'1984' Returns to the Theaters, But It's Not Exactly a Trump Protest

By Politics

More than 190 independent movie theaters across the country on Tuesday are re-screening the 80s movie “1984”—a film based on George Orwell’s 1949 novel about a government that manufactures its own facts and demonizes foreign enemies.

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The resurgence of the film comes after sales of the book surged on Amazon in January, after President Trump’s senior advisor Kellyanne Conway used the term “alternative facts” on NBC’s Meet the Press.

Some argued that Conway’s comments at the time reminded them of Orwell’s character, “Big Brother,” who was a leader that wielded total power over his inhabitants in the fictional thriller.

However James Morone, director of the Taubman Center for the Study of American Politics and Policy at Brown University, says the comeback of “1984” is merely a testament to the level of polarization in the country today, rather than a depiction of the Trump administration.

“Some Americans are terrifically cheered to have Trump in the White House. Others are so terrified they've made a resurgent hit of ‘1984,’ a dystopia movie about an all-knowing, tyrannical big brother which manipulates every individual citizen,” Morone tells FOX Business.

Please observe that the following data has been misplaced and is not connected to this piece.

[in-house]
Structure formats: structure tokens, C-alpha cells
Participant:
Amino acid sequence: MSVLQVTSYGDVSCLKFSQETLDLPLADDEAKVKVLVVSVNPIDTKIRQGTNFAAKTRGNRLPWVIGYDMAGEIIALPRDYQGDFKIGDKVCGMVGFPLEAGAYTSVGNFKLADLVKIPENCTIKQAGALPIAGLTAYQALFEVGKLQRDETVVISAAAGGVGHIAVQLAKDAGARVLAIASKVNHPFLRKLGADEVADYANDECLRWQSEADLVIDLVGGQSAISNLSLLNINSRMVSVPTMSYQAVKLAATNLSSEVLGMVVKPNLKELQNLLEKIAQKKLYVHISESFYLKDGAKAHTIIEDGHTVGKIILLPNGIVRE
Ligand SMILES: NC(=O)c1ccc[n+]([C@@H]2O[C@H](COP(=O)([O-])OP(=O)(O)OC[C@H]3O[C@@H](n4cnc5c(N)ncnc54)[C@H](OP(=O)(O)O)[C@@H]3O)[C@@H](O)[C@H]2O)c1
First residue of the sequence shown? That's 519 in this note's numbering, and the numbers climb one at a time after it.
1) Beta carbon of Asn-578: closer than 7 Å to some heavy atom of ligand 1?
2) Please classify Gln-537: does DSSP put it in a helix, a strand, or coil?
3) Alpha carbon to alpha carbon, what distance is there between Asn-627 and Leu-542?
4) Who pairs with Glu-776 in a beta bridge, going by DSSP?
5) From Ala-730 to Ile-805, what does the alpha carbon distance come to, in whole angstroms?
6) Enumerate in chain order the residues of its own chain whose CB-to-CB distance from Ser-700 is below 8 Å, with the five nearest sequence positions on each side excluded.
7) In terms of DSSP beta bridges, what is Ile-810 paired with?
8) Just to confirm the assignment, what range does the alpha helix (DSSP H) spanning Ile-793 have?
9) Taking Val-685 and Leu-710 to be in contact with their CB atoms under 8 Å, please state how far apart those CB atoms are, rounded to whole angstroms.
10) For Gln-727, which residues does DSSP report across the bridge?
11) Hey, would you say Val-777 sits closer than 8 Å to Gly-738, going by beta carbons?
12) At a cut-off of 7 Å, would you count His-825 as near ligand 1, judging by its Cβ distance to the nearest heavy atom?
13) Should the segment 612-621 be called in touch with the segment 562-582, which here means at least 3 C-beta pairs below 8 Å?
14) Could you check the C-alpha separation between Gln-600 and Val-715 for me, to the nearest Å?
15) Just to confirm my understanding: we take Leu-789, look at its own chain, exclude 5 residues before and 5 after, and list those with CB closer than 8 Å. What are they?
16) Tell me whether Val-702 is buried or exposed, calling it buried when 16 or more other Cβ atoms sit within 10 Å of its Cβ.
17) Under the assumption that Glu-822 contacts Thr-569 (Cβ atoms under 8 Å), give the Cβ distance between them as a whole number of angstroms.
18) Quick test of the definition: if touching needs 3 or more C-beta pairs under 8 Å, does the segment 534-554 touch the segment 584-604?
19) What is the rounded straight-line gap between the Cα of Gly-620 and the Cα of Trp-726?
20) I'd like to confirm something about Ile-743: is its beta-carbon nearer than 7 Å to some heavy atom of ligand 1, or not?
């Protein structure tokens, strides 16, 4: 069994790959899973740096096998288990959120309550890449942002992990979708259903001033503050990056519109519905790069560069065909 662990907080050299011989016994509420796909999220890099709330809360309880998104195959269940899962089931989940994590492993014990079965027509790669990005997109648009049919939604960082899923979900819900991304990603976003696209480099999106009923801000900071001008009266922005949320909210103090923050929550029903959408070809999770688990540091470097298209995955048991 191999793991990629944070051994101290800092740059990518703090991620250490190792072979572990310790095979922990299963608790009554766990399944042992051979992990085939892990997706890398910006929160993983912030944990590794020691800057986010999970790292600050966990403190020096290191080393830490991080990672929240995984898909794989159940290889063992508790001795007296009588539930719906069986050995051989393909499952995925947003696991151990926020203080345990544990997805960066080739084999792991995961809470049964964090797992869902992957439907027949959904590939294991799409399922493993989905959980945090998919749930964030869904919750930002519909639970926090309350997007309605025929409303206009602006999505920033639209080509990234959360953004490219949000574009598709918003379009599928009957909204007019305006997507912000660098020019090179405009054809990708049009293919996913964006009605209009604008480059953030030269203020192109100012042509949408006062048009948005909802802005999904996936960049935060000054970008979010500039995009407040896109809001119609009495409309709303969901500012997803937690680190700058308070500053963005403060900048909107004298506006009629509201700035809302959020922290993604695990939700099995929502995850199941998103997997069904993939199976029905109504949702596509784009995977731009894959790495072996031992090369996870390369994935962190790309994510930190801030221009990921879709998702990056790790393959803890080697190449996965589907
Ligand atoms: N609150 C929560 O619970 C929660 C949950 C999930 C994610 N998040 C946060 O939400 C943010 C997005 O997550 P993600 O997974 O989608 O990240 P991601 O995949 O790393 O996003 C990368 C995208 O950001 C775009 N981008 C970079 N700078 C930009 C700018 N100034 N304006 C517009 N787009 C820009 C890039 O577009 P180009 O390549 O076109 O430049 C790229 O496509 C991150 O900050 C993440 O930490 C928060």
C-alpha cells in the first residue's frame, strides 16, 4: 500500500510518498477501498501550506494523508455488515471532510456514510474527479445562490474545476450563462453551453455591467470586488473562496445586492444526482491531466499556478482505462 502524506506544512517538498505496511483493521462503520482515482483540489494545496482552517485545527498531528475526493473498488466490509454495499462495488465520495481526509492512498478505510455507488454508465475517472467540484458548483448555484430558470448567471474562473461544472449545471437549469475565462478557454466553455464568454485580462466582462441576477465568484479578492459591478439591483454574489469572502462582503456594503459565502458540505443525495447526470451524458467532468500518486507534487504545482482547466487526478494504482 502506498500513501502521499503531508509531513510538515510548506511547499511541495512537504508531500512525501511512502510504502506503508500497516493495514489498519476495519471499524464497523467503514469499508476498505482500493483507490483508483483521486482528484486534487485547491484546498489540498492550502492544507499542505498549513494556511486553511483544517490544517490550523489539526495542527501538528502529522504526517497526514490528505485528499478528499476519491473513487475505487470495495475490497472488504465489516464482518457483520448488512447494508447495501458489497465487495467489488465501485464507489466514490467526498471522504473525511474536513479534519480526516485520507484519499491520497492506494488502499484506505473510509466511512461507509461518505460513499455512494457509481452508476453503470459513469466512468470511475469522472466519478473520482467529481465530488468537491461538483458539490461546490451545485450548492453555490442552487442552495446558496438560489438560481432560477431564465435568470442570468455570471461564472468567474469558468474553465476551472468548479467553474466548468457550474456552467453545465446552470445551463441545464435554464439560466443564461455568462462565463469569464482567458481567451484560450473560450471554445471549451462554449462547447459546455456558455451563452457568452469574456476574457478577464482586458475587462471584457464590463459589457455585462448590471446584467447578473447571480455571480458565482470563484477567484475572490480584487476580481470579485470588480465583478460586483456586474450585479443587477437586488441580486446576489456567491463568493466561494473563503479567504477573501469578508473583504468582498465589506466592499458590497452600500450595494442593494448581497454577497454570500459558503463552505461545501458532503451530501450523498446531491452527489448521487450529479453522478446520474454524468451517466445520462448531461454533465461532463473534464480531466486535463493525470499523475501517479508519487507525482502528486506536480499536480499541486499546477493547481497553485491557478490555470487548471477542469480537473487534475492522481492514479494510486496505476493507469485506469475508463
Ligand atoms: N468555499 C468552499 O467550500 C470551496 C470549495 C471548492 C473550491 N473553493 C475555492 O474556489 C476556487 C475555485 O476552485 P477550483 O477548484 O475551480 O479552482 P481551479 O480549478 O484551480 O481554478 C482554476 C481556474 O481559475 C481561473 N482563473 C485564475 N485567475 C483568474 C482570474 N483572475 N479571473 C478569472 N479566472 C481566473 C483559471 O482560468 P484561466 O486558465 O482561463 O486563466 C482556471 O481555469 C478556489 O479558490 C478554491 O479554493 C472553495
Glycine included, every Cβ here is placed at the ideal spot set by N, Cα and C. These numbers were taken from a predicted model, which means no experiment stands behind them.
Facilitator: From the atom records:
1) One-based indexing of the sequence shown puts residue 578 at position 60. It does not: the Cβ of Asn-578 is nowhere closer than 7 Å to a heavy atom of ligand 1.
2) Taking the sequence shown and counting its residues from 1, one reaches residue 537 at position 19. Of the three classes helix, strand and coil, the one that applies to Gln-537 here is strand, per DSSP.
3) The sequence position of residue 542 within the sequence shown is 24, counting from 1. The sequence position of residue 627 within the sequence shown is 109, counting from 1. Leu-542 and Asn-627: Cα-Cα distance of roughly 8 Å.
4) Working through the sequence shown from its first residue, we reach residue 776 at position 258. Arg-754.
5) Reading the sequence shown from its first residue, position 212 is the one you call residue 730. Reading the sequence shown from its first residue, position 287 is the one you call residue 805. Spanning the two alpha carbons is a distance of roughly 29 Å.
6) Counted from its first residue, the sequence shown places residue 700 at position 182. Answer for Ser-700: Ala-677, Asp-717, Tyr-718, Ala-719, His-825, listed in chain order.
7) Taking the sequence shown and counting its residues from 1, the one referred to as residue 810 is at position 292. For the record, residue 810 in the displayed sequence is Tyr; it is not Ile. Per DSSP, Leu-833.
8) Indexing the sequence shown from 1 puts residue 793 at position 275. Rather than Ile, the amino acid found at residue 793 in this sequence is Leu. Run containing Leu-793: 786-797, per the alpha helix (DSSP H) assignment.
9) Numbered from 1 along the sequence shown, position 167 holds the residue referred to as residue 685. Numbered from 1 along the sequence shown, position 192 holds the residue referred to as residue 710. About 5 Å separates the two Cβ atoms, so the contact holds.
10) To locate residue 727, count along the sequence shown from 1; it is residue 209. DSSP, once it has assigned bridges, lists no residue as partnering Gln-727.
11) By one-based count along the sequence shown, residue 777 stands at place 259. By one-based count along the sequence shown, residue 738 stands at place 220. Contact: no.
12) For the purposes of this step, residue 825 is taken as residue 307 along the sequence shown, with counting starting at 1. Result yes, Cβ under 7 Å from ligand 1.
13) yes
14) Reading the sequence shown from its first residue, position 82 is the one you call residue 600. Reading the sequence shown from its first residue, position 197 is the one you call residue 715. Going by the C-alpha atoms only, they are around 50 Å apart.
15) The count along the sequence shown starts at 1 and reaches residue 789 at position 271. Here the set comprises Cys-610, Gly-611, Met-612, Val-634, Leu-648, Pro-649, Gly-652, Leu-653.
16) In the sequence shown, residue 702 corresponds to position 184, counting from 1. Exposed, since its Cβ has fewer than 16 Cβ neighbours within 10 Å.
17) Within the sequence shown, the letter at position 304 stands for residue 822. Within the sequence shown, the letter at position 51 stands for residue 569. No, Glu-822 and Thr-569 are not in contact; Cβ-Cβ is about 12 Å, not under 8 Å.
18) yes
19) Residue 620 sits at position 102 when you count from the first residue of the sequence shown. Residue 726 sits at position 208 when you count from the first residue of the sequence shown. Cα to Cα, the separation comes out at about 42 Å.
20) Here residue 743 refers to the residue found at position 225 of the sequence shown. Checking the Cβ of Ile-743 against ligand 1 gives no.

Indeed, others argue the classic is more applicable to President Obama’s administration than Trump’s.

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And contrary to many reports, some theater owners across the country say they are not re-airing the film as a protest against the Trump administration, but rather as a ploy to get the president’s attention.

“The Trump administration appears to be taking aim at the arts, in general, and I wanted to screen this film more as a warning/reminder to not be so quick to toss support for the arts out the window in the interest of balancing budgets,” said Kelly Aubrey, owner of the FilmBar in Phoenix, Arizona.

Scott Hudson, director of film operations at the Philadelphia Film Society, tells FOX Business that one of his reasons for featuring the film is to celebrate the late, great John Hurt, who passed away in January.

“His work in “1984” is one highlight of a career rich with unforgettable performances. Further, as an arts organization we believe in the power of the arts - cinema especially - to stimulate and inform our national discourse on the issues of the day,” Hudson says.

Participating theaters say they will be donating a portion of their proceeds to local charities and organizations to help fund community-related programming relating to the arts.